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rhizome

[ rahy-zohm ]
/ ˈraɪ zoʊm /
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noun Botany.
a rootlike subterranean stem, commonly horizontal in position, that usually produces roots below and sends up shoots progressively from the upper surface.
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Origin of rhizome

1835–45; <New Latin rhizoma<Greek rhízōma root, stem, noun of result from rhizoûn to fix firmly, take root, derivative of rhízaroot1

OTHER WORDS FROM rhizome

rhi·zom·a·tous [rahy-zom-uh-tuhs, -zoh-muh-], /raɪˈzɒm ə təs, -ˈzoʊ mə-/, adjective
Dictionary.com Unabridged Based on the Random House Unabridged Dictionary, © Random House, Inc. 2022

How to use rhizome in a sentence

  • Gardeners usually divide them into two sections—the tuberous-rooted or rhizomatous, and the bulbous.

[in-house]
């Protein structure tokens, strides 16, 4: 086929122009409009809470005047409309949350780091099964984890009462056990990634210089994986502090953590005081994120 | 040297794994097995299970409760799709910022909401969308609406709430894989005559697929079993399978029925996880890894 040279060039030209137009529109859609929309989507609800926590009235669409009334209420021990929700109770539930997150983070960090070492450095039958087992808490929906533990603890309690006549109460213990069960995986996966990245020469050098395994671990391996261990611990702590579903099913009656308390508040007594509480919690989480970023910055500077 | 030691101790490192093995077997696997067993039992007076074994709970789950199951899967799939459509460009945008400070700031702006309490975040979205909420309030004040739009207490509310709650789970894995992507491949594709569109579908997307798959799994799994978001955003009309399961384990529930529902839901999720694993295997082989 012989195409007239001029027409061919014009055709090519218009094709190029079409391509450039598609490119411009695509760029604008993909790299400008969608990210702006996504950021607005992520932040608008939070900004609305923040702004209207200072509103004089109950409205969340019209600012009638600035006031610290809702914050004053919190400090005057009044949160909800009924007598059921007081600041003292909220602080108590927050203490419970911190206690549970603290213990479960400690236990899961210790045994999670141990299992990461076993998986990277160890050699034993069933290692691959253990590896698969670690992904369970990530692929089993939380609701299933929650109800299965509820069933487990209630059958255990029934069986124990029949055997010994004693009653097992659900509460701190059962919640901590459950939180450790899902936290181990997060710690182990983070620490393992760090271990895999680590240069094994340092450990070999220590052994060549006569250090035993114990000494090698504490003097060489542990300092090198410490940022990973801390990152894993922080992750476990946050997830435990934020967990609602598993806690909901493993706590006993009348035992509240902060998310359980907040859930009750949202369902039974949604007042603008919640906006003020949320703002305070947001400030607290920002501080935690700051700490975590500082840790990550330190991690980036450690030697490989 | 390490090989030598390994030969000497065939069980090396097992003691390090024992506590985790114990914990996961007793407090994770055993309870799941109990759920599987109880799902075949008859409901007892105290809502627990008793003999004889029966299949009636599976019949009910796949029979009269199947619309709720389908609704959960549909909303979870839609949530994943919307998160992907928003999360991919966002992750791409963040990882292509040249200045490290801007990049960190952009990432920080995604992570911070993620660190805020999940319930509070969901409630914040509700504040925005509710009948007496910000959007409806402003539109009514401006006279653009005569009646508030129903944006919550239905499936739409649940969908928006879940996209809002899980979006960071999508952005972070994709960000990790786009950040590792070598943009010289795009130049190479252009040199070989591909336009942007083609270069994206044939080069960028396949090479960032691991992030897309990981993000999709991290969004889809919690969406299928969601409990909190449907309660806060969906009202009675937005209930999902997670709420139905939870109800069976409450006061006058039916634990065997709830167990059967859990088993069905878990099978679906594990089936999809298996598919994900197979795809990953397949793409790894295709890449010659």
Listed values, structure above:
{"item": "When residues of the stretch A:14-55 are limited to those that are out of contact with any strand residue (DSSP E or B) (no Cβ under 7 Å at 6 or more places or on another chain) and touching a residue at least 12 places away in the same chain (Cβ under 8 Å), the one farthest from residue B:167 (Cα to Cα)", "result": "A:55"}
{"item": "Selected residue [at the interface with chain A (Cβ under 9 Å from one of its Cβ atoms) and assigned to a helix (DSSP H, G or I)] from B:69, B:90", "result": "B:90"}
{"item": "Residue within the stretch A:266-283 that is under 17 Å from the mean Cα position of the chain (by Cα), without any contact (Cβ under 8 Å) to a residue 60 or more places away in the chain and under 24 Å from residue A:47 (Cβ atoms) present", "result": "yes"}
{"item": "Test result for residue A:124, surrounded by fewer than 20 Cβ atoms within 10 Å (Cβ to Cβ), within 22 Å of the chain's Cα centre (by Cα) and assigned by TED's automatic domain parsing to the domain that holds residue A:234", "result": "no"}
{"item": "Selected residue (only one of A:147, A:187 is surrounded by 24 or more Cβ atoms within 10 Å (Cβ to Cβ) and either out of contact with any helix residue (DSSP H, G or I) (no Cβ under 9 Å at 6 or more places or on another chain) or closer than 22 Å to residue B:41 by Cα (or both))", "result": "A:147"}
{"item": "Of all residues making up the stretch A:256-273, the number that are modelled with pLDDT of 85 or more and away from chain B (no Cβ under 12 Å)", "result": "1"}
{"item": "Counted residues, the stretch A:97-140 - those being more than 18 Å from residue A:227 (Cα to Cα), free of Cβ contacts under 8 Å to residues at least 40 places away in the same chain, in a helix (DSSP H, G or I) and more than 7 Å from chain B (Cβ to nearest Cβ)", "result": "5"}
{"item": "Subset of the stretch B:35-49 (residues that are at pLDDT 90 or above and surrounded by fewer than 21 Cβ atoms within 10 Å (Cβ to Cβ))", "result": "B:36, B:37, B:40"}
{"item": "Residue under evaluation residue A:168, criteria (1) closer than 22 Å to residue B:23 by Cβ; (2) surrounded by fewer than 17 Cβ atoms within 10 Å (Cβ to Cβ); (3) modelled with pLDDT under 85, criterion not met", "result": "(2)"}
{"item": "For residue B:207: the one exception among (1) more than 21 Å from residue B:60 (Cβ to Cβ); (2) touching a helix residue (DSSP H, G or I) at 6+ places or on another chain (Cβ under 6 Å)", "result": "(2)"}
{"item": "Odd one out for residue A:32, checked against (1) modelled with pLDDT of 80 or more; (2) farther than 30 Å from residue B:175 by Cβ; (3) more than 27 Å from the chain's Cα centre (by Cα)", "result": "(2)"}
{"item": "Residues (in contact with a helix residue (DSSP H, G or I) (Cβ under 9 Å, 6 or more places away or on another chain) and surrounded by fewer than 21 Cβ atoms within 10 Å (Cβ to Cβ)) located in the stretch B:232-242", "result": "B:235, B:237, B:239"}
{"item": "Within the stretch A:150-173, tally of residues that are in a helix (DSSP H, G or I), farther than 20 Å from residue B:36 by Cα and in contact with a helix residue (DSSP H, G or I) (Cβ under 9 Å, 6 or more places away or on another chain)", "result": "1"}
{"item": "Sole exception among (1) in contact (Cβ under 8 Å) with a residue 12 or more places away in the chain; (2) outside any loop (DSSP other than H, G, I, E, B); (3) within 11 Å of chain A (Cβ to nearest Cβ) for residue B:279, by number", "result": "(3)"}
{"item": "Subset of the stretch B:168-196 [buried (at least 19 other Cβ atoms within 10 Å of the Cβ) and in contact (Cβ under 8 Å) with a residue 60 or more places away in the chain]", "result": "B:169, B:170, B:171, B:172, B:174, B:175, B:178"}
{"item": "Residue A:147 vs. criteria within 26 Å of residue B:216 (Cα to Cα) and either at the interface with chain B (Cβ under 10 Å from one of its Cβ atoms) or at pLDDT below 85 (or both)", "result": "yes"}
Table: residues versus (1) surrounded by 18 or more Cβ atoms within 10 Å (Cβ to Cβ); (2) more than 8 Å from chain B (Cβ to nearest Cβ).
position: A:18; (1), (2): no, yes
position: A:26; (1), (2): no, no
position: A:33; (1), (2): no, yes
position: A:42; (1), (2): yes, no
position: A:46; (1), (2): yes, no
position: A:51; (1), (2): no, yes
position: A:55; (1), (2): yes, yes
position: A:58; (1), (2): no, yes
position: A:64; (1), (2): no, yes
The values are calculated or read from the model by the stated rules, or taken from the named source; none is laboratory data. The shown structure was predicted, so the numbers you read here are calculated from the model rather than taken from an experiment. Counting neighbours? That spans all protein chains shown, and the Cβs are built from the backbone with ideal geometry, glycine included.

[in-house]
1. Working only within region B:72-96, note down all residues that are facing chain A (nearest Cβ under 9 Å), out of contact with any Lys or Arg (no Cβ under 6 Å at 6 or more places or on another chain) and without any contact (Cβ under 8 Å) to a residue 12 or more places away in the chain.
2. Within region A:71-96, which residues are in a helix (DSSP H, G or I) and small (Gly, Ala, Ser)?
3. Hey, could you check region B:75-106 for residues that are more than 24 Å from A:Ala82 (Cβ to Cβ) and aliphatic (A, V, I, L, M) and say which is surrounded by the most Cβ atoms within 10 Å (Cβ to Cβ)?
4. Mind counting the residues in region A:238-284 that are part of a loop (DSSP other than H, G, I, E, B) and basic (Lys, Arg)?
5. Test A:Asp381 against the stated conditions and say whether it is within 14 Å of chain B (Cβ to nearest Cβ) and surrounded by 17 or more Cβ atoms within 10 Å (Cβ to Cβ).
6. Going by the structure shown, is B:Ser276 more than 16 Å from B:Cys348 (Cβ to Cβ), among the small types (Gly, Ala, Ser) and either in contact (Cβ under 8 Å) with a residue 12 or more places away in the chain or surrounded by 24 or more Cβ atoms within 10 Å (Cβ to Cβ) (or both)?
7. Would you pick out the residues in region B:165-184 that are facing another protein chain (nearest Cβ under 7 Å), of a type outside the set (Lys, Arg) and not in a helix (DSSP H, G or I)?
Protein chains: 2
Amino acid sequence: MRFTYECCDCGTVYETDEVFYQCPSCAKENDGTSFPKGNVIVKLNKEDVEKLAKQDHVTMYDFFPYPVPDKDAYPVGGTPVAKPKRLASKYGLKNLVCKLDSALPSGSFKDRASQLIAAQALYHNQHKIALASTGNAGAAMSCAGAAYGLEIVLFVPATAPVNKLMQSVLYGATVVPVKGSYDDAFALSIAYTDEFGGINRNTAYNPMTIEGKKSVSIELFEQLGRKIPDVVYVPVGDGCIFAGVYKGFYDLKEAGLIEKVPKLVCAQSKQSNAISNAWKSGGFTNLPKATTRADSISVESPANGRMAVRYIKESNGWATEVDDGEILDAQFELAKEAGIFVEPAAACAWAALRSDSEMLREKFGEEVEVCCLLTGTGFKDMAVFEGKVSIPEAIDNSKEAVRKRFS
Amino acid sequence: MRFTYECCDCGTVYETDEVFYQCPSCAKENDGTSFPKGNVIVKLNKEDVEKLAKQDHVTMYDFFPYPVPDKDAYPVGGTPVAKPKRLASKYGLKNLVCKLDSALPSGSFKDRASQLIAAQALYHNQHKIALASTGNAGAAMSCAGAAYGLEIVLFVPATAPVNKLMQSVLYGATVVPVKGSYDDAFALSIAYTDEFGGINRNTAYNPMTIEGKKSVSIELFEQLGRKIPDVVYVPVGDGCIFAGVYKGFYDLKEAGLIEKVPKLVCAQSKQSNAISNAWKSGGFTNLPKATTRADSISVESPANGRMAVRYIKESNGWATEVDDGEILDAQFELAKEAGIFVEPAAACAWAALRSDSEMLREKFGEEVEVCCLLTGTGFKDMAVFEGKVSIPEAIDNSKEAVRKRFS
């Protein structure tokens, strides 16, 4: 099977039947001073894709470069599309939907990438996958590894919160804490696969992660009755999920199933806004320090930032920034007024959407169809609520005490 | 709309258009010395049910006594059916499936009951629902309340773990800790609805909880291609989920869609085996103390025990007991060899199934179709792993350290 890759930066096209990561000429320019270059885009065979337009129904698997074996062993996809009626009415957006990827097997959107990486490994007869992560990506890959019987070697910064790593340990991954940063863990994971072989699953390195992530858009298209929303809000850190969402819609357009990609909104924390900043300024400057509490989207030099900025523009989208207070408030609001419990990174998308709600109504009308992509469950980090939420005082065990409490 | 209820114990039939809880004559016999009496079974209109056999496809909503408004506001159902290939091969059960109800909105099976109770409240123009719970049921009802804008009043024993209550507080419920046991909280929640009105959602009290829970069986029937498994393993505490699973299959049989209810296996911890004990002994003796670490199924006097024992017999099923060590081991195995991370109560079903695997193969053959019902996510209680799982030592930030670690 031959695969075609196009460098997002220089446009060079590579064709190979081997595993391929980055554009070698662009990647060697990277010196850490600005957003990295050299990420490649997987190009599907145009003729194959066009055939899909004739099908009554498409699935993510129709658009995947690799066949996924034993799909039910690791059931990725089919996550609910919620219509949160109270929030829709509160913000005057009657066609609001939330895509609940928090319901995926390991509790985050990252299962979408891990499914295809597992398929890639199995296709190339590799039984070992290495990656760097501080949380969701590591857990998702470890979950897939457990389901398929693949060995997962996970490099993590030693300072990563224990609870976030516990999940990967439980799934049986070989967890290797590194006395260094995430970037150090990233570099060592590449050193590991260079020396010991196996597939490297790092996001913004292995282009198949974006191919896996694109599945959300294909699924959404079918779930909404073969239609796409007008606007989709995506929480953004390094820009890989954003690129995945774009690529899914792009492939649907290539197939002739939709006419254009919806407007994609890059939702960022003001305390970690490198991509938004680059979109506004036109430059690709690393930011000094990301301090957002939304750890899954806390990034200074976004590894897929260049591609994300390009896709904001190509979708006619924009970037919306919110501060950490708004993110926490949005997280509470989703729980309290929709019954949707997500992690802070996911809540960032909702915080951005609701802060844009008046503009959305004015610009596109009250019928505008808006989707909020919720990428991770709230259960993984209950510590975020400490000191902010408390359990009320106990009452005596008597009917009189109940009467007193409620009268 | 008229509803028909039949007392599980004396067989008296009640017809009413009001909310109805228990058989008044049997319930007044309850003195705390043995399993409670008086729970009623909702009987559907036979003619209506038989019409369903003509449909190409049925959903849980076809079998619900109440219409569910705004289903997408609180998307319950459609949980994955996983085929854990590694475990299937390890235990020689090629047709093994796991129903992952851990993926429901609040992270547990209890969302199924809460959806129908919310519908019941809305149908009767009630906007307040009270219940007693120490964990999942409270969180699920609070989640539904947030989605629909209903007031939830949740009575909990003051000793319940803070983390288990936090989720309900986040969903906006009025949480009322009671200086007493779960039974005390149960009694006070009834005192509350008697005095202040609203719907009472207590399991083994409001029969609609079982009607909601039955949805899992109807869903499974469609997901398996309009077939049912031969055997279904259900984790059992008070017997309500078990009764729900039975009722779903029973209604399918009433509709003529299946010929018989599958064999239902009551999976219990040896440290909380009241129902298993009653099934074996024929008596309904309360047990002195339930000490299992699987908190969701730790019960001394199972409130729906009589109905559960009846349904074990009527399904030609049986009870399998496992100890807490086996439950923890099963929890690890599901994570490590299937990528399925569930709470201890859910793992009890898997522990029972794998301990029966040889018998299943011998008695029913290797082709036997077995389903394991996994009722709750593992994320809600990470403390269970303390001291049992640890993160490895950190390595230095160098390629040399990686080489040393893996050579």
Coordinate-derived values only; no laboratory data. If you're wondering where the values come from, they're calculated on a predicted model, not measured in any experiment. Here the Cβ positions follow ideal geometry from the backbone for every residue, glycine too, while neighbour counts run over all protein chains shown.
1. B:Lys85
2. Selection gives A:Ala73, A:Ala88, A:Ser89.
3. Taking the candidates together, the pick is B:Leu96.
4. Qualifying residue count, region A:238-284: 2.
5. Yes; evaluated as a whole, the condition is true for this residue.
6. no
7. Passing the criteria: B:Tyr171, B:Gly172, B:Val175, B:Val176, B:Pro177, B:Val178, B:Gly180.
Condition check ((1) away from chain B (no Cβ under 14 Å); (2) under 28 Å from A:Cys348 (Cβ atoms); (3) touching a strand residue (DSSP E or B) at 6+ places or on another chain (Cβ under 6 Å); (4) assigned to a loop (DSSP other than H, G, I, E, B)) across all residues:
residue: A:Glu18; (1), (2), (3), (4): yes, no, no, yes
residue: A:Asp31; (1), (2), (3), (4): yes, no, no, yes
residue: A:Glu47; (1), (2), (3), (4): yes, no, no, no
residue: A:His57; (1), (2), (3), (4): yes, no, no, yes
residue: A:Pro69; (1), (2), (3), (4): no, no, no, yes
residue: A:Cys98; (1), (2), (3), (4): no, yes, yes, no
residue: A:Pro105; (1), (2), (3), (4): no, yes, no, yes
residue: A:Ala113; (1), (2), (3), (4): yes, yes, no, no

British Dictionary definitions for rhizome

rhizome
/ (ˈraɪzəʊm) /

noun
a thick horizontal underground stem of plants such as the mint and iris whose buds develop new roots and shootsAlso called: rootstock, rootstalk

Derived forms of rhizome

rhizomatous (raɪˈzɒmətəs, -ˈzəʊ-), adjective

Word Origin for rhizome

C19: from New Latin rhizoma, from Greek, from rhiza a root
Collins English Dictionary - Complete & Unabridged 2012 Digital Edition © William Collins Sons & Co. Ltd. 1979, 1986 © HarperCollins Publishers 1998, 2000, 2003, 2005, 2006, 2007, 2009, 2012

Scientific definitions for rhizome

rhizome
[ rīzōm′ ]

A plant stem that grows horizontally under or along the ground and often sends out roots and shoots. New plants develop from the shoots. Ginger, iris, and violets have rhizomes. Also called rootstock Compare bulb corm runner tuber.
The American Heritage® Science Dictionary Copyright © 2011. Published by Houghton Mifflin Harcourt Publishing Company. All rights reserved.
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